Like I said baby steps...
     
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  9. lovelaptops

    lovelaptops My friends call me Jeff Senior Member

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    Thanks for another thoughtful post, @desertlap. That digital bill of rights sounds like more than baby steps. It strikes me as an example that all organizations should follow if for no other reason than that it forces thinking about the consequences of adopting - and refraining from adopting - digital tech that increasingly is happening without such thought. Your company sounds like it operates on the forefront of many areas in the technology industry and it sounds like it is far more proactive and progressive than most of your peers. I understand why you wouldn't cite your company's name, but I'm curious as to how large it is, by any metric you are comfortable citing. It also sounds as if you have a lot of excitement-about and pride-in your firm. Are you in management or more in the professional/technical side of the business. Regardless, thanks for sharing the many important insights you have - about specific products, the behavior of major tech firms and where trends are headed - from your perch.
     
  10. JoeS

    JoeS I'm all ears Senior Member

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    Very true. If you haven't looked at it, look at EFF's Panopticlick. It shows that websites can with very high accuracy recognize return visitors based on various browser signatures (extenstions/fonts/screen resolution, and many more). So until they link that browser to a person (which honestly probably isn't all that difficult) they keep a record of browsing habits anyway. Recently I heard that even using an incognito browser doesn't 100% avoid such browser fingerprinting. Scary stuff.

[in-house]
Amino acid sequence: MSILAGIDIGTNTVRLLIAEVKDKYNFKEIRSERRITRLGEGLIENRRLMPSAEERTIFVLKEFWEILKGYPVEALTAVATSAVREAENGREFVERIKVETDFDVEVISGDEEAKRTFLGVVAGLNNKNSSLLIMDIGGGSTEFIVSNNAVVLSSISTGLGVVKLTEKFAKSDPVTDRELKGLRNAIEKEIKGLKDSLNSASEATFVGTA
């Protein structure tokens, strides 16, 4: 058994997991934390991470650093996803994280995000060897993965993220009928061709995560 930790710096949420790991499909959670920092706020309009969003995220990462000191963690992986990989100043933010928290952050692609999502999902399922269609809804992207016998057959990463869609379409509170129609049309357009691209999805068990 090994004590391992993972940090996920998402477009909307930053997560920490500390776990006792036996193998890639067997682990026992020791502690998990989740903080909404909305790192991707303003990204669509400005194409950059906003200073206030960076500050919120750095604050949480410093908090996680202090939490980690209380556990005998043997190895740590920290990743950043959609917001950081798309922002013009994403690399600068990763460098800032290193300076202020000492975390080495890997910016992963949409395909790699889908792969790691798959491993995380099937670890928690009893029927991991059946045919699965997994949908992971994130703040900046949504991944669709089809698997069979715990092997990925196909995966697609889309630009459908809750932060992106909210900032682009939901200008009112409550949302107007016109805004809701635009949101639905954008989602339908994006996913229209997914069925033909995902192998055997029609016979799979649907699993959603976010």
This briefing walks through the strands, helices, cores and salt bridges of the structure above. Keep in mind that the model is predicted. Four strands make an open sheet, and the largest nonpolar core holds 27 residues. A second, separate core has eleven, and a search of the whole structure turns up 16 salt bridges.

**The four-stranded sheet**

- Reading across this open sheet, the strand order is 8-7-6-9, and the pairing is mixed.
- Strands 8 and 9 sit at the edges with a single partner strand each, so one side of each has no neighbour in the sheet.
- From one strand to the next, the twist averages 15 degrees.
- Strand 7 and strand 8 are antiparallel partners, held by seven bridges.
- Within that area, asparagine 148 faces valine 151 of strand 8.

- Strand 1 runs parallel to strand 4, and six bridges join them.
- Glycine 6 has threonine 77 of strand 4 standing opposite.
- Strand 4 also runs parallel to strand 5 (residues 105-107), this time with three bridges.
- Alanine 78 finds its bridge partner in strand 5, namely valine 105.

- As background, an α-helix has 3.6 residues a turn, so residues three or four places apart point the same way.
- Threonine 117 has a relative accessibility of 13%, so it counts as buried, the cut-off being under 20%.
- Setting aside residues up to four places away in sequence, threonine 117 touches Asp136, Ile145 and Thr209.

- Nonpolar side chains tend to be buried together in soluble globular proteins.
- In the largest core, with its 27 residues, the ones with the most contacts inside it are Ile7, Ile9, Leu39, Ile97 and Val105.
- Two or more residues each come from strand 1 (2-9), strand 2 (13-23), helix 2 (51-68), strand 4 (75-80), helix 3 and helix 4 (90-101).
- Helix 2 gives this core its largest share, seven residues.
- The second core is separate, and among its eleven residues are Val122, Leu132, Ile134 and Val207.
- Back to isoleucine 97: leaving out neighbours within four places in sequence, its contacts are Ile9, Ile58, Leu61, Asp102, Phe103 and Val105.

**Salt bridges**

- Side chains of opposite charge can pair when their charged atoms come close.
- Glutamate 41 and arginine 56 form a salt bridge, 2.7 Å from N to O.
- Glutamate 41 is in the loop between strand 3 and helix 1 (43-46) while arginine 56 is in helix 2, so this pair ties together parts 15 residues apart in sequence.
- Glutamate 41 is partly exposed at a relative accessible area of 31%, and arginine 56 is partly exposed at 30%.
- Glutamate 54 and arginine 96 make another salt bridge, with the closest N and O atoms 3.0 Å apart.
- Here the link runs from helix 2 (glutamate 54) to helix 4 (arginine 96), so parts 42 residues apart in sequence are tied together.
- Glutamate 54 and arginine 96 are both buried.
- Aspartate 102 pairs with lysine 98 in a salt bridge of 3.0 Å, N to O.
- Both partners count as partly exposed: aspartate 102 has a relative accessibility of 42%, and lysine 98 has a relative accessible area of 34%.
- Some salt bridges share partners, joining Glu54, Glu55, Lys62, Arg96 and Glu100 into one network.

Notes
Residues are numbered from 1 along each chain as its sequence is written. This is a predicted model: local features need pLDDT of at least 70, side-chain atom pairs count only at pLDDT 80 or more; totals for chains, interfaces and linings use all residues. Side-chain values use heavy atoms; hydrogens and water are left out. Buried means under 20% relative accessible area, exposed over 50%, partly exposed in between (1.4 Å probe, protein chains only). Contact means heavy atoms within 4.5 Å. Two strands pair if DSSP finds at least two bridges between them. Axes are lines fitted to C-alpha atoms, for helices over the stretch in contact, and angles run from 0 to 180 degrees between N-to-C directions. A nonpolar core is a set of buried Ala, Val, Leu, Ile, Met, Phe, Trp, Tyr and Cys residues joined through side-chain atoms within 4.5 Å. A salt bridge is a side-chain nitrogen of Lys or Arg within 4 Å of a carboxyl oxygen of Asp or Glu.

Honestly the best we can do is mitigate data collection, since we definitely can't eliminate it. I'm on the paranoid side of this myself. When I look up anything medical (for myself or others) I use an incognito browser. I should probably use a VPN on top of that. I switched to Microsoft's Chromium based browser, which stripped out a lot of Google's sync stuff (and thus data gathering). On the phone side I can't bring myself to switch to Android, for security and privacy reasons. Apple all the way, despite their.. consumer hostile pricing! :D

    Not only that, but the way AI/machine learning can nudge consumers purely for profit optimization without any responsibility/accountability is a bit scary. If been saying for years that the job of Facebook and others is to keep us distracted. Any time we're doing actual productive work is time not spent generating ad revenue. So effectively (puts on tinfoil hat) society is already under attack by AI.. who knew it wasn't going to be robots knocking at our doors!

    On that note, it's a bit ironic to be having this discussion on a website that doesn't support https.. :confused: